Zoo Heidelberg

‘The Force’ is with Zoo Heidelberg’s New Sloth

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Fred and Wilma are parents again! The pair of Linnaeus’s Two-toed Sloths at Zoo Heidelberg, in Germany, welcomed a male offspring on July 31st.

The Zoo recently sought out a name for the hairy baby, and fans of the Zoo submitted their suggestions via Facebook. As a bit of an homage to the popular Wookie warrior of Star Wars, Chewbacca, the young sloth is now known as “Chewy”!

Chewy and him mom, Wilma, can be seen in the Zoo’s South America Aviary cruising much slower than 'lightspeed', upside down in the trees.

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Photo Credits: Heidrun Knigge (Image 1) ; Zoo Heidelberg (2-4)

The Linnaeus’s Two-toed Sloth (Choloepus didactylus), also known as the Southern Two-toed Sloth or Unau, is a species from South America. They are found in Venezuela, the Guyanas, Colombia, Ecuador, Peru, and Brazil (north of the Amazon).

They are solitary, nocturnal and arboreal—preferring to reside in rainforests. This species of sloth can swim, which enables them to cross rivers and creeks with some ease.

They cannot walk (they pull hand-over-hand to maneuver) and therefore spend most of their lives hanging upside down in trees. Their fur grows greenish algae to camouflage them in their surroundings. Their body temperature depends partially on ambient temperature; they cannot shiver to keep warm, due to their unusually low metabolic rate.

The Two-toed Sloth eats primarily leaves, but will also feed on shoots, fruits, nuts, berries, bark, flowers, and an occasional rodent.

They have a gestation period of about 10 months. They mother will give birth hanging upside down. The young are born with claws and are weaned after about a month. They remain with the mother for several more months, and do not reach sexual maturity until the age of three.

They are currently classified as “Least Concern” on the IUCN Red List of Threatened Species. Their main enemies are large birds of prey (harpy, crested eagle) and wild cats (ocelot, jaguar).

Sea Lion Shenanigans at Zoo Heidelberg

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Zoo Heidelberg, in Germany, now has the pleasure of witnessing the daily antics of two new Southern Sea Lion pups!

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Sea Lion pups_ZooHeidelberg_4Photo Credits: Susi Fischer

The girl, ‘Arielle’, and boy, ‘Carlos’ were born in July.  Arielle was born to mother, Maike, much to the relief of the keepers, who had previously witnessed two of Maike’s stillbirths.  Carlos is the third pup born to mother, Leah, and both Sea Lion babies were sired by Atos.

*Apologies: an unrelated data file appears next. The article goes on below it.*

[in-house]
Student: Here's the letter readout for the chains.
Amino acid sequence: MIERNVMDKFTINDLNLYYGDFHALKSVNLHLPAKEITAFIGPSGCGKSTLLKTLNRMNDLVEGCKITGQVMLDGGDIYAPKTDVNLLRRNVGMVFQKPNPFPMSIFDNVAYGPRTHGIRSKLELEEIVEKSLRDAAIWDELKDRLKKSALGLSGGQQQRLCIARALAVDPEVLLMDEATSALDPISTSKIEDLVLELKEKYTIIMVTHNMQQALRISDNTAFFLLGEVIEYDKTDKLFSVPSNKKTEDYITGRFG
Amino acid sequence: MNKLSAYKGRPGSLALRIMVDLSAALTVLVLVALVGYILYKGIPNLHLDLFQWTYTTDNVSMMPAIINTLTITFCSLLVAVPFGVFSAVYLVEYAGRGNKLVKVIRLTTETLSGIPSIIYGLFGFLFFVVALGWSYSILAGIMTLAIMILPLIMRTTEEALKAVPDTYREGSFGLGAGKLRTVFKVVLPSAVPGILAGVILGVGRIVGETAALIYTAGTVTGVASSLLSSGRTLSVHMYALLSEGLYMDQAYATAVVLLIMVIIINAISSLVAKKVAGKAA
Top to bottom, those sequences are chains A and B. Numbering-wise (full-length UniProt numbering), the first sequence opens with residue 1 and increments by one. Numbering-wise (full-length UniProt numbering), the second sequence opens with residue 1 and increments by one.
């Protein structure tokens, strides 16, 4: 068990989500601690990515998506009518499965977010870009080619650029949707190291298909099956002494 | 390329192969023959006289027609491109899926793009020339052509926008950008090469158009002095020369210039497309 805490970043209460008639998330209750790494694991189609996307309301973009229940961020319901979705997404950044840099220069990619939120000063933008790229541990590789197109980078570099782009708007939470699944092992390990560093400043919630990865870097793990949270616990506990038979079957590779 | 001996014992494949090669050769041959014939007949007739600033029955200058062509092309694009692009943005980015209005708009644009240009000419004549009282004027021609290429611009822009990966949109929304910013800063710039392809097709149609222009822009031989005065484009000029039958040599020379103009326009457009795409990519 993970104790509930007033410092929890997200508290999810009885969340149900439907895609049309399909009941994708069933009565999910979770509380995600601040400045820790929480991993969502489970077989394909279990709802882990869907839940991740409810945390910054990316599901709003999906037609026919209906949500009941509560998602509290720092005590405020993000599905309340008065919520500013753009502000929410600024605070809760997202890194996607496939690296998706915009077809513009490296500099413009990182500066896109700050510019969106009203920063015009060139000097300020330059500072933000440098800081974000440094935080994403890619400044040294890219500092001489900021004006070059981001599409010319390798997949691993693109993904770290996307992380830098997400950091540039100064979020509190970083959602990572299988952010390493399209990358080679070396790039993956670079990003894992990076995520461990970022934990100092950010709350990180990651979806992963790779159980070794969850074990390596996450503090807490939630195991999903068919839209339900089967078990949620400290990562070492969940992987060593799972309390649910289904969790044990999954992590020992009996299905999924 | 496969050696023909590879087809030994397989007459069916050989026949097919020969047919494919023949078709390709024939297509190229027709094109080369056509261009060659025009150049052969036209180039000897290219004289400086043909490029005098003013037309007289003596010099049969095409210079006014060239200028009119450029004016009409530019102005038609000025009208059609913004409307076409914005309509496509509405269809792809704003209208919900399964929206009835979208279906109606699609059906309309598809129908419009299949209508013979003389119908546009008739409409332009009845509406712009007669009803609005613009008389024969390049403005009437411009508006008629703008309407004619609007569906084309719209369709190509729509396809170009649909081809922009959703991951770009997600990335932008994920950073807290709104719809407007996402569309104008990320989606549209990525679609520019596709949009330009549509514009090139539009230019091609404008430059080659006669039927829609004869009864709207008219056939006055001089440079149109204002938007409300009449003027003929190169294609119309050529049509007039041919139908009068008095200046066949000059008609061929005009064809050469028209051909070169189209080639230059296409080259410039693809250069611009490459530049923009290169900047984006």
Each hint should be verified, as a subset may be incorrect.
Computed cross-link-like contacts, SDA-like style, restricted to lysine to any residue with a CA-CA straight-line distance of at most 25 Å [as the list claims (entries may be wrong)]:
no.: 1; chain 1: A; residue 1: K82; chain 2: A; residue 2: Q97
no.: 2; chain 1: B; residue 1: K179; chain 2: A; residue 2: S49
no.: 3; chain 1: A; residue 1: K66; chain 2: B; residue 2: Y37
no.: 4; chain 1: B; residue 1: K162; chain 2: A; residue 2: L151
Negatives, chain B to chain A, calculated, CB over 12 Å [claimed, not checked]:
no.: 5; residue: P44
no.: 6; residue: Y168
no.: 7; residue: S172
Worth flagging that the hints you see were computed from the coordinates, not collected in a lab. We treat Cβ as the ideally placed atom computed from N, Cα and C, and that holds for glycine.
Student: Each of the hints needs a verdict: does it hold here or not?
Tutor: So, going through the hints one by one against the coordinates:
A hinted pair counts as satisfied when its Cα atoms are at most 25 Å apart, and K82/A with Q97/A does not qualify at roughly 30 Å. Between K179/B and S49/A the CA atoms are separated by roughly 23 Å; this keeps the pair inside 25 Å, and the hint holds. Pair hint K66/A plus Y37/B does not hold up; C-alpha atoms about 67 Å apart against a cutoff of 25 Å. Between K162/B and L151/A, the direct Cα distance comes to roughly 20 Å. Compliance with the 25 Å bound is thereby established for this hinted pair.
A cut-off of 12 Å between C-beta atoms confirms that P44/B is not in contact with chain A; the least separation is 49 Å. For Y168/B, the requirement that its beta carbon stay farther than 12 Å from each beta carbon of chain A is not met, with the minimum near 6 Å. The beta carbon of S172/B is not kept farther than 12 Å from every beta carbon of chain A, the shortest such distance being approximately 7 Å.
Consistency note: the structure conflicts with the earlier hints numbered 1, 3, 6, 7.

The Sea Lion pups spent their first few weeks of life on land.  After their first molt, the pups began to follow their mothers into the water and start swimming lessons. Arielle and Carlos enjoy daily ventures into the pool and practice their Sea Lion skills with diligence.  As they grow, it will become easier for them to remain under water for longer periods of time.

Southern Sea Lions are classified as “Least Concern” on the IUCN Red List.  They are native to South America, along the Pacific coast of South America, from Peru to Tierra del Fuego, and along the Atlantic coast to southern Brazil.  Zoo Heidelberg works in cooperation with Yaqu-PACHA, (Society for the Protection of Aquatic Mammals in South America), in an effort to protect these wonderful creatures in their native habitat.

Meet the Flintstones!

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Fred and Wilma are parents again!  The pair of Two-Toed Sloths are residents of the South American Aviary at the Heidelberg Zoo in Heidelberg, Germany.  On June 29th, the parents welcomed their third offspring.  The sex of the new cub isn't known yet, but the baby's name will find its inspiration from the Flintstones, as were the rest of the family's names.  Older siblings, Pebbles and Bam-Bam, have been successfully re-homed at zoos in France.

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Photo Credits: Thomas Bersch

Sloths spend the first few weeks of their lives well hidden and sheltered close to the mother.  By nature, sloths are solitary creatures, but parents, Fred and Wilma, have demonstrated a unique and intimate relationship.  The South American Aviary of Heidelberg Zoo is furnished with natural vegetation, and Fred and Wilma are often seen sharing a tree branch close to each other.

Two-Toed Sloths have a gestation period of six months to a year.  The mother gives birth to a single cub, while upside down.  Normally, a male sloth will have no interaction with the female once the infant arrives.  Zoos generally separate the mates for a time and place mother and child in isolation.  However, Fred and Wilma have proven an exception to the rule.  They have chosen to remain close throughout the process, and keepers at Heidelberg Zoo attest to the three cuddling so tight “it is difficult to see where a sloth begins and the other leaves off.”

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There's Something Very Unique About This Skunk Kit!